Ironically, it might make more sense to add this method to String, since it's somewhat more generally applicable. Besides, a call like template.assimilate(other_string) (besides sounding ominous, would make it much clearer which string is the template, and which string will be changed. Right now, it can quickly become confusing which argument is which. But again, better naming might alleviate that.

Update: As 200_success rightly points out in the comments, it's surprising that a string that's longer than the template string gets downcased rather than simply keep whatever case it had. And code shouldn't surprise.

Hence it might be better to do this:

def maintain_format(template, string)
  string = string.dup  # still want a duplicate to work on
  template = template[0..string.length]
  template.chars.each_with_index do |char, i|
    string[i] = char == char.upcase ? string[i].upcase : string[i].downcase

You can still achieve the original behavior by simply downcasing the string yourself before passing it to the method.

  • \$\begingroup\$ I'd expect the part of the string that extends beyond the end of template to have its case preserved, not forcibly downcased. \$\endgroup\$ Apr 16, 2014 at 9:56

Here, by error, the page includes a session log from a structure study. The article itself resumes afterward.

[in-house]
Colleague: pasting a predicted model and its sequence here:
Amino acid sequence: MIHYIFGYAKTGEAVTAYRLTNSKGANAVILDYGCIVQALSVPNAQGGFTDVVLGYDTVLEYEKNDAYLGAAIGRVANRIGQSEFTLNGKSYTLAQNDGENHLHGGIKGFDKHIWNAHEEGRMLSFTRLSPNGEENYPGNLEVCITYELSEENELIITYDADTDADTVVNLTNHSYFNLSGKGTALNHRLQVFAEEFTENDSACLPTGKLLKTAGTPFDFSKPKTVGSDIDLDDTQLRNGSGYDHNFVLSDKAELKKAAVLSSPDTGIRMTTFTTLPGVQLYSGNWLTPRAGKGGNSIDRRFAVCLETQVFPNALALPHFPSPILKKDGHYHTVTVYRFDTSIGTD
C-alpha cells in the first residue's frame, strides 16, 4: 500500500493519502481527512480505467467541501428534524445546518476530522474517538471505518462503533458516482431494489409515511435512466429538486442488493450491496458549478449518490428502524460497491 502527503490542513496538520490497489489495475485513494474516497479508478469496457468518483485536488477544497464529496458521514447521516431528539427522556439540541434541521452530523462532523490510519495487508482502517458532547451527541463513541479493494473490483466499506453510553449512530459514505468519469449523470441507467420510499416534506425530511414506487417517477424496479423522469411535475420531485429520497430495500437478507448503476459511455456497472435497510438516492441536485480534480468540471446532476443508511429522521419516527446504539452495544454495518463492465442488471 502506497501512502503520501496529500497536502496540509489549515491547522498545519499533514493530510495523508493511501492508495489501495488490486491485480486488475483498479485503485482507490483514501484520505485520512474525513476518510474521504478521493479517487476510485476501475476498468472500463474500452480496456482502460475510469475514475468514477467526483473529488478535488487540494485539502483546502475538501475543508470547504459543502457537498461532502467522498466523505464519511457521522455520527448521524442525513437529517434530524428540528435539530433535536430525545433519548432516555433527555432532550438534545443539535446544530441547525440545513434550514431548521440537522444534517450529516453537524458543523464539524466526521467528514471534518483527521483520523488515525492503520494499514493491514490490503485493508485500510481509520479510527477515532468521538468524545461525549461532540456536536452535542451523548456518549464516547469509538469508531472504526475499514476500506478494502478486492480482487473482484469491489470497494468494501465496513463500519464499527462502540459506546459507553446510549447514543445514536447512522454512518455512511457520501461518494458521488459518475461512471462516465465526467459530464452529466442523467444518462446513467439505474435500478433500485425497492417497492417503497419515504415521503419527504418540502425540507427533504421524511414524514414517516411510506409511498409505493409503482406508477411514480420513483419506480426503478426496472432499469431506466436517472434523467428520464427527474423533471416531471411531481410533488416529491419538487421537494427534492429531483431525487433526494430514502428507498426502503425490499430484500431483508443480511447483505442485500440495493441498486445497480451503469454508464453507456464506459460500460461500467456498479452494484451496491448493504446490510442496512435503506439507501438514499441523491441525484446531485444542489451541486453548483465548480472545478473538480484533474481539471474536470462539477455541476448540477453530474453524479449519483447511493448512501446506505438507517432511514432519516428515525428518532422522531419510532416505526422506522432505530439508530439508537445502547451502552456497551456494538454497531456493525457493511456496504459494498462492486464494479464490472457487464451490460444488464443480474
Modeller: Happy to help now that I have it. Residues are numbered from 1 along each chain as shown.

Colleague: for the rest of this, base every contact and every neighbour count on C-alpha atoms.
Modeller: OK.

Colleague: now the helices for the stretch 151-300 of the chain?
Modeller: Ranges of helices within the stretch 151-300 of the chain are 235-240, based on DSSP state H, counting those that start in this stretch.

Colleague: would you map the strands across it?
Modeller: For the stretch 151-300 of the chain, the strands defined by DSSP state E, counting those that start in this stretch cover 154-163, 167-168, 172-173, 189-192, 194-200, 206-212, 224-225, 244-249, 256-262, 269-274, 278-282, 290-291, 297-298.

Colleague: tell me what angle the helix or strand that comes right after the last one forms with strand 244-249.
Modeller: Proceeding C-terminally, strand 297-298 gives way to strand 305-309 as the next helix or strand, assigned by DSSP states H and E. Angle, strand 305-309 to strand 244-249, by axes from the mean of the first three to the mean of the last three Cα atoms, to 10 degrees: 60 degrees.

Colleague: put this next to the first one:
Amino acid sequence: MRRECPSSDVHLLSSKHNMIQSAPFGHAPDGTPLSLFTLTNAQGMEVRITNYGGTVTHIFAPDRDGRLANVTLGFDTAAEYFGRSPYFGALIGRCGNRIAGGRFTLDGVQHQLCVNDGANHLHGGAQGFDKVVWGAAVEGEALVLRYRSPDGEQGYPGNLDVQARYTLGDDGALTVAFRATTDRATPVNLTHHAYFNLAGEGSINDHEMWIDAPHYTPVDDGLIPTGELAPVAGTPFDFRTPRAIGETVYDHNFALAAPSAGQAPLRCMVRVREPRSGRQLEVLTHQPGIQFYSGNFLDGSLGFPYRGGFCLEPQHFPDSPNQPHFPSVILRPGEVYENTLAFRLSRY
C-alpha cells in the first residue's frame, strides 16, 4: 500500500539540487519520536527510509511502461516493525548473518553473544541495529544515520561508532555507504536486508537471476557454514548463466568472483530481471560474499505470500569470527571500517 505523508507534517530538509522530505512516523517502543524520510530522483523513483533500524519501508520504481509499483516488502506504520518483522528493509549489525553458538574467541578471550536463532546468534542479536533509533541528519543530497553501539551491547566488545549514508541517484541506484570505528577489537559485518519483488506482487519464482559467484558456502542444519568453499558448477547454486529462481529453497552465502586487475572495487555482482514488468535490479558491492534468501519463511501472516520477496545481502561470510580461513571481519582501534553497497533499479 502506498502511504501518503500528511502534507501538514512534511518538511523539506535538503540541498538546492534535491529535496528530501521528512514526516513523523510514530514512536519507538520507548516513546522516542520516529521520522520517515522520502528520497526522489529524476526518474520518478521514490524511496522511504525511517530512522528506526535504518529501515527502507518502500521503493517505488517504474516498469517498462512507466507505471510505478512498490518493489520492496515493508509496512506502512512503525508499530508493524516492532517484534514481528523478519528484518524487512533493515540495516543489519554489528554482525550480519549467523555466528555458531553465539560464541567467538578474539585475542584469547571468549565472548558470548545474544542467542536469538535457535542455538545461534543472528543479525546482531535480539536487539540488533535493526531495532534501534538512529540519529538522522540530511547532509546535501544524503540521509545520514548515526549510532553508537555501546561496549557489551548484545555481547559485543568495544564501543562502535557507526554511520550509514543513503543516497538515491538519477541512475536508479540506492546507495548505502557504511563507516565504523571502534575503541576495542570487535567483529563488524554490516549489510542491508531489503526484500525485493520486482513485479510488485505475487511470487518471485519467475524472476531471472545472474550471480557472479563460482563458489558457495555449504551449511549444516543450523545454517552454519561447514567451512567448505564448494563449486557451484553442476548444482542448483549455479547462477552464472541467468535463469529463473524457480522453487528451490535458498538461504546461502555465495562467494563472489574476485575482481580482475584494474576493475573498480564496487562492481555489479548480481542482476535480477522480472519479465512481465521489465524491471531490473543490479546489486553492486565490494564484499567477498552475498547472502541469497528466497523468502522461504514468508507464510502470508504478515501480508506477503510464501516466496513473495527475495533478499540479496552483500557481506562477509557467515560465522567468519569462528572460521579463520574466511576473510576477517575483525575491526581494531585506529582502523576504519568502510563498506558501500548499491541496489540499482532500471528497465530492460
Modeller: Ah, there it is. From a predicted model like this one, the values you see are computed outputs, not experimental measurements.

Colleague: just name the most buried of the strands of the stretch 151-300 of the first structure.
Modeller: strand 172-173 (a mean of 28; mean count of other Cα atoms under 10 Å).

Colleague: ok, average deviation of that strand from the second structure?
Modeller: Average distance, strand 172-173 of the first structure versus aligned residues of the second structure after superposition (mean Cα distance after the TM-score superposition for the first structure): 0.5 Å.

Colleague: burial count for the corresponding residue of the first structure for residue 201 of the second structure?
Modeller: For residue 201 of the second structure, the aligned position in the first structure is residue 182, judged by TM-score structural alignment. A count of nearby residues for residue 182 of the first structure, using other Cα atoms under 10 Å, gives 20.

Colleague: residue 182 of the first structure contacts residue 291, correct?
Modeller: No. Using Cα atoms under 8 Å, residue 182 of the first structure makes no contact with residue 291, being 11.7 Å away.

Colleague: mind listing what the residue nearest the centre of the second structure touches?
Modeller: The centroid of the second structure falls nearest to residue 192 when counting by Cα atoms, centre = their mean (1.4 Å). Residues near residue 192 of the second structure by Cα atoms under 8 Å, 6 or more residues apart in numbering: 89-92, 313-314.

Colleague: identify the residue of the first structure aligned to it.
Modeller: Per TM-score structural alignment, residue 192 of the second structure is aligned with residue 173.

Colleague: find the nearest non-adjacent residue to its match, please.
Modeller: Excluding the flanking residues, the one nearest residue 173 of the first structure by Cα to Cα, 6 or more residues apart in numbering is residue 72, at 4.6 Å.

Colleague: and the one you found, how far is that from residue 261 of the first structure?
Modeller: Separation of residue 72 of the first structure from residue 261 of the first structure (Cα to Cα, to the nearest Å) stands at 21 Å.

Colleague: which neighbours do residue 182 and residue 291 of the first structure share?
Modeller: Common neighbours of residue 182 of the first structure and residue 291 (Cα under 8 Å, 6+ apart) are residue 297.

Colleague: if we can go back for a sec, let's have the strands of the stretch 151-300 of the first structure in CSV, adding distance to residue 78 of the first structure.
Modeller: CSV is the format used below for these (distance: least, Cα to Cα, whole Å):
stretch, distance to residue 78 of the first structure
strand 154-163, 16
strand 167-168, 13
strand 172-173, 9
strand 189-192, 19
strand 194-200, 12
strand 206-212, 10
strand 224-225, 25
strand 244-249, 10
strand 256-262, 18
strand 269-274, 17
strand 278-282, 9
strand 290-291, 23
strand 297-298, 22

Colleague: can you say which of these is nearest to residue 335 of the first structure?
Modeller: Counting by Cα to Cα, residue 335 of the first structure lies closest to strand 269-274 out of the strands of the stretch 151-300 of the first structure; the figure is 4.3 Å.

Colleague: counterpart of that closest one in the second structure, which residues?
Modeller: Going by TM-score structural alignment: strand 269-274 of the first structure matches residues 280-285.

• \$\begingroup\$ @200_success As would I. But as far as I can tell from OP's code, case isn't preserved for the "leftover" string... Regardless, you're right; it's unexpected. I'll add a note - thanks \$\endgroup\$
    – Flambino
    Apr 16, 2014 at 11:22
  • \$\begingroup\$ @Flambino could you explain the 5th line please? ` string[i] = char == char.upcase ? string[i].upcase : string[i].downcase` Literally all of it. I've got a good idea but I'd want some validation :) \$\endgroup\$
    – Starkers
    Apr 16, 2014 at 11:39
  • 1
    \$\begingroup\$ @Starkers It's just an assignment with a ternary, i.e. if...else written in one line. You can spell it out in Ruby as string[i] = (if char == char.upcase then string[i].upcase else string[i].downcase end). \$\endgroup\$
    – Flambino
    Apr 16, 2014 at 12:55